Biographies & Memoirs



June 2001

Listening to Live 1961-2000, it strikes me that the most outrageous act Bob Dylan has ever performed was to sing “Handsome Molly” the way he does here—which is to say the way he sang it in the Gaslight Café in the fall of 1962.

Imagine walking into the Greenwich Village joint in late October, maybe early November. “Folk music” is it, really all that matters now, if you can get your mind off John F. Kennedy and Nikita Khrushchev playing chicken with the world, Freedom Riders being beaten and left for dead in Alabama, and whether you’re going home alone tonight. You’ve probably seen Bob Dylan before; of course you’ve heard of him. You’re too cool to admit to admiration, let alone envy. Maybe you’re a little scared. Isn’t it about time for this guy to expose himself for the fraud he has to be?

You came in late, to show you could be here or not be here, just checking the scene on your way to somewhere else. “‘No More Auction Block,’ man,” someone says, indicating what you’ve missed. Sure, like he’s a slave, you’ve seen people try that act before. You feel comforted when he goes into “Ain’t No More Cane on the Brazos.” He seems a little bored with the song, or the place, or maybe people like you. (Stop thinking that way! He’s got nothing on you!) “Cocaine”—everybody does that, big deal. The guitar is pretty but—anybody can fingerpick, and he’s out of tune. Then “Coo Coo.” For a moment, you’re not quite in the club anymore; the walls are suddenly transparent, and it’s as if you can see the bird flying by outside right through them. Then he says he’s going back to West Texas and you know he isn’t.

And then he’s a hundred years old and you are too. “Oh, I wish I was in London, or some other seaport town—I’d put my foot on a steamboat, sail the ocean ’round.” “Londonnnnnnn-ummmmmm,” he says, as if it isn’t a real place, just a notion, too far away to credit. Now it isn’t the walls that are about to fall away, it’s the ground beneath your feet. He seems to have all the time in the world; the dead are like that. They’re not in a hurry. Anything you can show them, they’ve seen it all before.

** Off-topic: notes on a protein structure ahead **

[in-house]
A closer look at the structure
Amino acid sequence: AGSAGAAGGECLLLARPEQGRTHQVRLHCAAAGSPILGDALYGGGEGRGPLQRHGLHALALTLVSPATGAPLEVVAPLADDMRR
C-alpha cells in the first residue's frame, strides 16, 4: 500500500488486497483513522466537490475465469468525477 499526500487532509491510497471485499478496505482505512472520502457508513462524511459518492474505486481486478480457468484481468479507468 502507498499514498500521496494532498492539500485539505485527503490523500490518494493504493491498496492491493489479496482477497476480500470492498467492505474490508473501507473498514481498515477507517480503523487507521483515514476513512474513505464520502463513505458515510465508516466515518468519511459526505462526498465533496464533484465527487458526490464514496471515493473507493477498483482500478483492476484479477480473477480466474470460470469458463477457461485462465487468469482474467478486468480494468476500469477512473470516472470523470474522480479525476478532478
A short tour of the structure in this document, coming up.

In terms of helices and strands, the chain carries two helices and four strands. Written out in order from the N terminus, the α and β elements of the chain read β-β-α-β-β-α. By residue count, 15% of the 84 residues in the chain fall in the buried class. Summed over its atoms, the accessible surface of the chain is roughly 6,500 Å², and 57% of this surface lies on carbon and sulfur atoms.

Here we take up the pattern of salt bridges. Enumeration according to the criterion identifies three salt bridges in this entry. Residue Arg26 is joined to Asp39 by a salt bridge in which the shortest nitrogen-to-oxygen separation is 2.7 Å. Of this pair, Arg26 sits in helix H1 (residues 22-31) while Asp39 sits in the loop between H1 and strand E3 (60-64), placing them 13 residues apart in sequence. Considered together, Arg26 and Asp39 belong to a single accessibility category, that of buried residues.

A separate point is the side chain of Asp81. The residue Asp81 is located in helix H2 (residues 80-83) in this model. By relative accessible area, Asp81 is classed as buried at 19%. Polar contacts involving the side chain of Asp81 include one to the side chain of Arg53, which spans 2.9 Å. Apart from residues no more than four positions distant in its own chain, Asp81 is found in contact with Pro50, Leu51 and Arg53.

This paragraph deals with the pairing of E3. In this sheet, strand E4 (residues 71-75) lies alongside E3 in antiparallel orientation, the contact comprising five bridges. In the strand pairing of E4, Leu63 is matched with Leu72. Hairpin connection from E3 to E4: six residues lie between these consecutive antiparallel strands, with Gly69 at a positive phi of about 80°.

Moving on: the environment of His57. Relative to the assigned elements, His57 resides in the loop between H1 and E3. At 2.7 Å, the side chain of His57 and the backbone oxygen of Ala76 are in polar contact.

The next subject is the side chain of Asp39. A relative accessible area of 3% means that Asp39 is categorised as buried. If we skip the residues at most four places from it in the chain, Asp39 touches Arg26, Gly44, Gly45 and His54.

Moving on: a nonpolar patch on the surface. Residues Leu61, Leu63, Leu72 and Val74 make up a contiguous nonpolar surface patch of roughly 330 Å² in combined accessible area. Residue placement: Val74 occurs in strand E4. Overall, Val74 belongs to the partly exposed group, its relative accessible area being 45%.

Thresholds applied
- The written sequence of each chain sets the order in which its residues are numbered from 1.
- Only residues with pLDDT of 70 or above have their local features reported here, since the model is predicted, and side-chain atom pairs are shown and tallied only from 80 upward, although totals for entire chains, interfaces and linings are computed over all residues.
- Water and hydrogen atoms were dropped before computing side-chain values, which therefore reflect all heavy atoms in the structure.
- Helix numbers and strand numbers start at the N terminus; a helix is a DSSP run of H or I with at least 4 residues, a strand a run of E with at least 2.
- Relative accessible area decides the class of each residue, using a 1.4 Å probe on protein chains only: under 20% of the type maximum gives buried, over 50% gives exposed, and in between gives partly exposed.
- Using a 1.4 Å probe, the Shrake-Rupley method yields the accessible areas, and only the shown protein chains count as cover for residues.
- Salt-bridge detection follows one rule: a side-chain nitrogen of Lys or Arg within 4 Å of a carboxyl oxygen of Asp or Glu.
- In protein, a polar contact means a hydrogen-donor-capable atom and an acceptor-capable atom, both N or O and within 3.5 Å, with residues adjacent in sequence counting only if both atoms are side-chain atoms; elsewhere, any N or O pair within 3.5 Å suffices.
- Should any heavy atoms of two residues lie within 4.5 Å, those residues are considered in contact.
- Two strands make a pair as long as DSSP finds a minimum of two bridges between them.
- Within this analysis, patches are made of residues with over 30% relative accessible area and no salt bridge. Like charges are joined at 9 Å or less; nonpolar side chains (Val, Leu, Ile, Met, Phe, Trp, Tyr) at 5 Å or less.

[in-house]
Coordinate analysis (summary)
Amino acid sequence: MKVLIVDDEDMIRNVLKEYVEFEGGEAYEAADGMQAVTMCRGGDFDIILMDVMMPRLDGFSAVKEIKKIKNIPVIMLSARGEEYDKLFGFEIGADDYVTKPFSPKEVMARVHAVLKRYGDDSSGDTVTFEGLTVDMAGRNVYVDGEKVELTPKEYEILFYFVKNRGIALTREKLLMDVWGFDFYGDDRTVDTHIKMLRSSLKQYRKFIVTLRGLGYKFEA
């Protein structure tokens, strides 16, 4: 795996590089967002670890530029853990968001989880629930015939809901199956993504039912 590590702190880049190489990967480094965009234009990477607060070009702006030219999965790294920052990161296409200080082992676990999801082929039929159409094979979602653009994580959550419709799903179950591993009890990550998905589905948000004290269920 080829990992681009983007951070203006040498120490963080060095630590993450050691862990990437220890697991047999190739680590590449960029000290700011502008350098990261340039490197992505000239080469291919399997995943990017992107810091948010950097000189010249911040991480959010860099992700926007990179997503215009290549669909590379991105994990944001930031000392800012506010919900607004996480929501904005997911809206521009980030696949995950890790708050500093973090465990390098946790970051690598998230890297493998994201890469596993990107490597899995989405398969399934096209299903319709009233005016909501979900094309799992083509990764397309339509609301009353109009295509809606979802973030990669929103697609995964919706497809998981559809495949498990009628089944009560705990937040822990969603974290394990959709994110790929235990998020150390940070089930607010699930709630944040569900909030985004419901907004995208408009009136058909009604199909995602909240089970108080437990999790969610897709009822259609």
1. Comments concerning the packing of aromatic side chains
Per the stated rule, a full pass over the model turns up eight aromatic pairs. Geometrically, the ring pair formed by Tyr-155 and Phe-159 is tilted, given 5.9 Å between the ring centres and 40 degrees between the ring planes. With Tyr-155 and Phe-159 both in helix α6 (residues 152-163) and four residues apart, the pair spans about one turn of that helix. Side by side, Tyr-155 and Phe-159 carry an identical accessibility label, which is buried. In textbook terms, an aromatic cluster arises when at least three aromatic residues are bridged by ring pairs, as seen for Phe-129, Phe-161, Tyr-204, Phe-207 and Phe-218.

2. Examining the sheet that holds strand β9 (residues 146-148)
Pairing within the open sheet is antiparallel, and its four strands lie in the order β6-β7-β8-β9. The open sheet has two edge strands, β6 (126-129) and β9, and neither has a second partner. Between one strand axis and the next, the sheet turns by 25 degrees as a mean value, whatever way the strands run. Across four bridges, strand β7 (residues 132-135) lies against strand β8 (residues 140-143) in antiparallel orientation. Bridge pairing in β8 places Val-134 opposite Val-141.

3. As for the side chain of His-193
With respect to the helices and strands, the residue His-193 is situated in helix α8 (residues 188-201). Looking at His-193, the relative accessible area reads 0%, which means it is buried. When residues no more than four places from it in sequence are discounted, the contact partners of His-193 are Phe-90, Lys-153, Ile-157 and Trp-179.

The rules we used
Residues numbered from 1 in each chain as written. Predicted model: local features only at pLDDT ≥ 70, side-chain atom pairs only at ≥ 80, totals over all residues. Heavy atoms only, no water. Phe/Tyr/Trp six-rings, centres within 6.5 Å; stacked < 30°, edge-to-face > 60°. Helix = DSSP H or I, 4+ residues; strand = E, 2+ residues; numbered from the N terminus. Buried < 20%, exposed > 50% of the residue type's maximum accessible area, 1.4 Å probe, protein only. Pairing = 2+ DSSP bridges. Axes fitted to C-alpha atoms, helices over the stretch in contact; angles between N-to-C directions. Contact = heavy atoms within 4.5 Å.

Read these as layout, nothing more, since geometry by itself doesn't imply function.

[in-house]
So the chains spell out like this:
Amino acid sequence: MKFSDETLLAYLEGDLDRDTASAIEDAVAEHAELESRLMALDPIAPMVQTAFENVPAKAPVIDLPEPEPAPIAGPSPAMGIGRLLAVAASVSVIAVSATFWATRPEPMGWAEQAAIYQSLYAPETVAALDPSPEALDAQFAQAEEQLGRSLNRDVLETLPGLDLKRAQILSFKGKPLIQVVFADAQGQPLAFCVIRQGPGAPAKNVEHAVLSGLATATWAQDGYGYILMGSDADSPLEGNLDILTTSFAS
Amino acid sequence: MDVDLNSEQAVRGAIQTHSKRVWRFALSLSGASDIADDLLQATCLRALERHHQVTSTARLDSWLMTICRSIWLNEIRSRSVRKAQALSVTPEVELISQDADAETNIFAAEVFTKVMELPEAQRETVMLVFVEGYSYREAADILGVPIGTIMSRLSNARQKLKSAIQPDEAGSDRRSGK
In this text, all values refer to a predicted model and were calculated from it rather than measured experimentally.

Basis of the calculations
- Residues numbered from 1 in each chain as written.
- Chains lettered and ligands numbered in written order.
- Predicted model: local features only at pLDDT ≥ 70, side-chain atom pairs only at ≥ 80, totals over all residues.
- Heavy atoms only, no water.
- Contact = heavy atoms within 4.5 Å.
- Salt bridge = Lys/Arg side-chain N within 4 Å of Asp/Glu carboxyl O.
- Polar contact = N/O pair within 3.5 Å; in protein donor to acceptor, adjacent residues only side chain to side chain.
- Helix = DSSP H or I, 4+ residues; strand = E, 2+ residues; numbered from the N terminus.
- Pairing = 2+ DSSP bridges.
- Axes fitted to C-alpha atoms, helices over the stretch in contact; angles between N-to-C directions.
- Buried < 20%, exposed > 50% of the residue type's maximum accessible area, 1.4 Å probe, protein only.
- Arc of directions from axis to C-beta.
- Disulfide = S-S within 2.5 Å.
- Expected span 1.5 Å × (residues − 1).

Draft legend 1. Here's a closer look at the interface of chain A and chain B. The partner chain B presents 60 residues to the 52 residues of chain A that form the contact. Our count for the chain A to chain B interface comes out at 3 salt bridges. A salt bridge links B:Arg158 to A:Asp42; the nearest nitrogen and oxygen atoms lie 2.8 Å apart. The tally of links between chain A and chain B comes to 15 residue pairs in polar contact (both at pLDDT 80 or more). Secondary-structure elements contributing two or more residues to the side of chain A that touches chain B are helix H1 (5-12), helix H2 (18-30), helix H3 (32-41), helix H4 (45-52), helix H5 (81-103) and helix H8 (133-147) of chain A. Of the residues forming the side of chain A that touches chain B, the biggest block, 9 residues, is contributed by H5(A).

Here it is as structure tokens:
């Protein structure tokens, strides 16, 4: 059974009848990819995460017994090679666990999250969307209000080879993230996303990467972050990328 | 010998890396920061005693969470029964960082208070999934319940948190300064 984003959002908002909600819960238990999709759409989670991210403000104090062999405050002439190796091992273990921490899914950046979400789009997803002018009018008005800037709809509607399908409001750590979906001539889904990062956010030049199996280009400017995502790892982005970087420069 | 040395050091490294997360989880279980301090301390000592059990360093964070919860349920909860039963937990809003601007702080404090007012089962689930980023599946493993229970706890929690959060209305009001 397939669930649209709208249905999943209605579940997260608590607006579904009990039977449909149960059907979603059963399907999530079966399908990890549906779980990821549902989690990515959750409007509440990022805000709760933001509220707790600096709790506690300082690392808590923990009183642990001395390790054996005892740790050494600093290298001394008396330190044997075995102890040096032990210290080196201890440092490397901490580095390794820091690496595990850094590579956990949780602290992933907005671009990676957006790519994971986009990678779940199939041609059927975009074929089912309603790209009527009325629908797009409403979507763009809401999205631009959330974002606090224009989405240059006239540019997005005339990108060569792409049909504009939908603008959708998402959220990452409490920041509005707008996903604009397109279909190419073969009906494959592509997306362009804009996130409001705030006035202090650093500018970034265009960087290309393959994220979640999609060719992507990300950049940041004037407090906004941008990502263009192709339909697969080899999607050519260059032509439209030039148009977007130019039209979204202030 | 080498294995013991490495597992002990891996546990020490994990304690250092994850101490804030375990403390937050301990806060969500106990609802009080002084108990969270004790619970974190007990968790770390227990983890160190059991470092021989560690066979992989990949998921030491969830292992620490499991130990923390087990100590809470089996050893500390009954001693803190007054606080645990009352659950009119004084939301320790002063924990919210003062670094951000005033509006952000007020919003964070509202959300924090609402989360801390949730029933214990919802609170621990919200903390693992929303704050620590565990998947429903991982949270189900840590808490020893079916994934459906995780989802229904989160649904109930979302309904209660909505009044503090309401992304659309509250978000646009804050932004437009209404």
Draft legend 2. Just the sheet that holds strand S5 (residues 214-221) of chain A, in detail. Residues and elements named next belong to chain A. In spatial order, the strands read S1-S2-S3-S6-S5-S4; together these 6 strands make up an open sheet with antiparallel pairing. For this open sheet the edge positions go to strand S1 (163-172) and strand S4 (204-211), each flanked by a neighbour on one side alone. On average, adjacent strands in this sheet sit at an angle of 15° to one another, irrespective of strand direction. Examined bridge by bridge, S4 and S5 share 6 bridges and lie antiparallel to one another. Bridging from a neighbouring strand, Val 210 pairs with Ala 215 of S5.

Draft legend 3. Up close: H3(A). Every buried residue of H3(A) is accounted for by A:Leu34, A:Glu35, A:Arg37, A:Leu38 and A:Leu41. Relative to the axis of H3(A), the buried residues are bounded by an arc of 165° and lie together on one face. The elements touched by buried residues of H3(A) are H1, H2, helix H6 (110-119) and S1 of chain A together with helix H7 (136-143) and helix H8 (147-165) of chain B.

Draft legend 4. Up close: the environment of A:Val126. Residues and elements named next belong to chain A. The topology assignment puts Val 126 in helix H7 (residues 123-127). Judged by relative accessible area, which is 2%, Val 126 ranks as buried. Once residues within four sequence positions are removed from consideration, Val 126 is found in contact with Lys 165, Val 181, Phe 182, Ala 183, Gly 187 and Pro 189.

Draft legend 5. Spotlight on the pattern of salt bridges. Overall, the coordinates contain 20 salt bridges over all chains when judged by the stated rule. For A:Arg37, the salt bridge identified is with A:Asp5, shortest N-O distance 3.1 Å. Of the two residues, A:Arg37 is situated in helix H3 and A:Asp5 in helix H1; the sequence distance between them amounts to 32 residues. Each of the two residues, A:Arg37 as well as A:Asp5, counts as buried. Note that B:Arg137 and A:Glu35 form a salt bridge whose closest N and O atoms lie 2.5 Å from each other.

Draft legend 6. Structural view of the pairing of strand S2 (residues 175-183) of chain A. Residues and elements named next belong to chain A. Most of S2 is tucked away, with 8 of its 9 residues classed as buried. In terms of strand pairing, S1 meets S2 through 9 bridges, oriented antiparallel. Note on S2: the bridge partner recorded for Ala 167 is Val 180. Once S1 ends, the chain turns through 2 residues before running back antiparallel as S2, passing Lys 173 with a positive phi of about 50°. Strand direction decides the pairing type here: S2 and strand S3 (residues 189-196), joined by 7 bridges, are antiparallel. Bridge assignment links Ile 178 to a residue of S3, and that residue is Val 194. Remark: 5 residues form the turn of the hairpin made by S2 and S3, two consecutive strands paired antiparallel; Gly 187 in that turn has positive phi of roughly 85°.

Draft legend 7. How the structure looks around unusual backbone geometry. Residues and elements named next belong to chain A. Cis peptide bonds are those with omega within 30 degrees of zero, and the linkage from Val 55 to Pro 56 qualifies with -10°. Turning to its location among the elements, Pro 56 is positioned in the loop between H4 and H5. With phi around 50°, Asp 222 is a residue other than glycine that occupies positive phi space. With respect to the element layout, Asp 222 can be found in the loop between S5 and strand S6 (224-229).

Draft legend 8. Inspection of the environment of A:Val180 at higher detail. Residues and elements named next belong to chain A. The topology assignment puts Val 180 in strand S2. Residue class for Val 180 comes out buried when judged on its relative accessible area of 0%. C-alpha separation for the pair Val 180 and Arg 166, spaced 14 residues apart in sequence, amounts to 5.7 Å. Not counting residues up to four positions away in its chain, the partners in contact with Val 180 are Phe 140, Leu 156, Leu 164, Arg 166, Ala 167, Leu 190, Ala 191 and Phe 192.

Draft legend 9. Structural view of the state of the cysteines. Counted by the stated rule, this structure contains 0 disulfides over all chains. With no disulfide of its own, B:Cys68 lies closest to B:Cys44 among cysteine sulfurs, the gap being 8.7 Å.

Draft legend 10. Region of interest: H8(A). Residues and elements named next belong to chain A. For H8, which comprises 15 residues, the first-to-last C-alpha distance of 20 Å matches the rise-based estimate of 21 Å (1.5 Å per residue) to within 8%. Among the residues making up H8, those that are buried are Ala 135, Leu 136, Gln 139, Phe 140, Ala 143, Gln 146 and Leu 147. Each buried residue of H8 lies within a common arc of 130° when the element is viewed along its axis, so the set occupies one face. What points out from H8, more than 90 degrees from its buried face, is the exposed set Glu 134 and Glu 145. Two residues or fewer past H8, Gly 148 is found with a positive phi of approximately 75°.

He’s just strumming, with a chord to point towards a melody he doesn’t quite bother with, not on the guitar—the voice drifts over the melody, letting you imagine it for yourself. You were about to say it again—anybody can do that strum—but your mind isn’t quite your own anymore. Your memories are not your own. Your memories are now replaced by those of a lovesick man who died before your parents were born. He’s traveling the world, to get away from his memories of Handsome Molly, knowing that the further he goes, the more indelible her face will be. You see it; right now, in this moment, it beckons you towards everything you’ve ever lost.

You leave. This isn’t folk music, not as Mark Spoelstra or Tommy Makem or Joan Baez or Pete Seeger or Martin Carthy make folk music. This is not a gesture. This is not respect. This is not for good or evil. You realize you have the rest of your life to catch up. After all, somewhere, some time, he’ll stumble.

Bob Dylan, Live 1961-2000—Thirty-nine Years of Great Concert Performances (SME, 2001).

———. Live at the Gaslight 1962 (Columbia Legacy, 2005). Includes “The Cuckoo,” “Cocaine,” “West Texas,” and “Handsome Molly.” Notes by Sean Wilentz.

———. “No More Auction Block,” on the bootleg series volumes 1-3 [rare & unreleased] 1961-1991 (Columbia, 1991).

———. Second Gaslight Tape (Wild Wolf bootleg). Includes “Ain’t No More Cane on the Brazos.”

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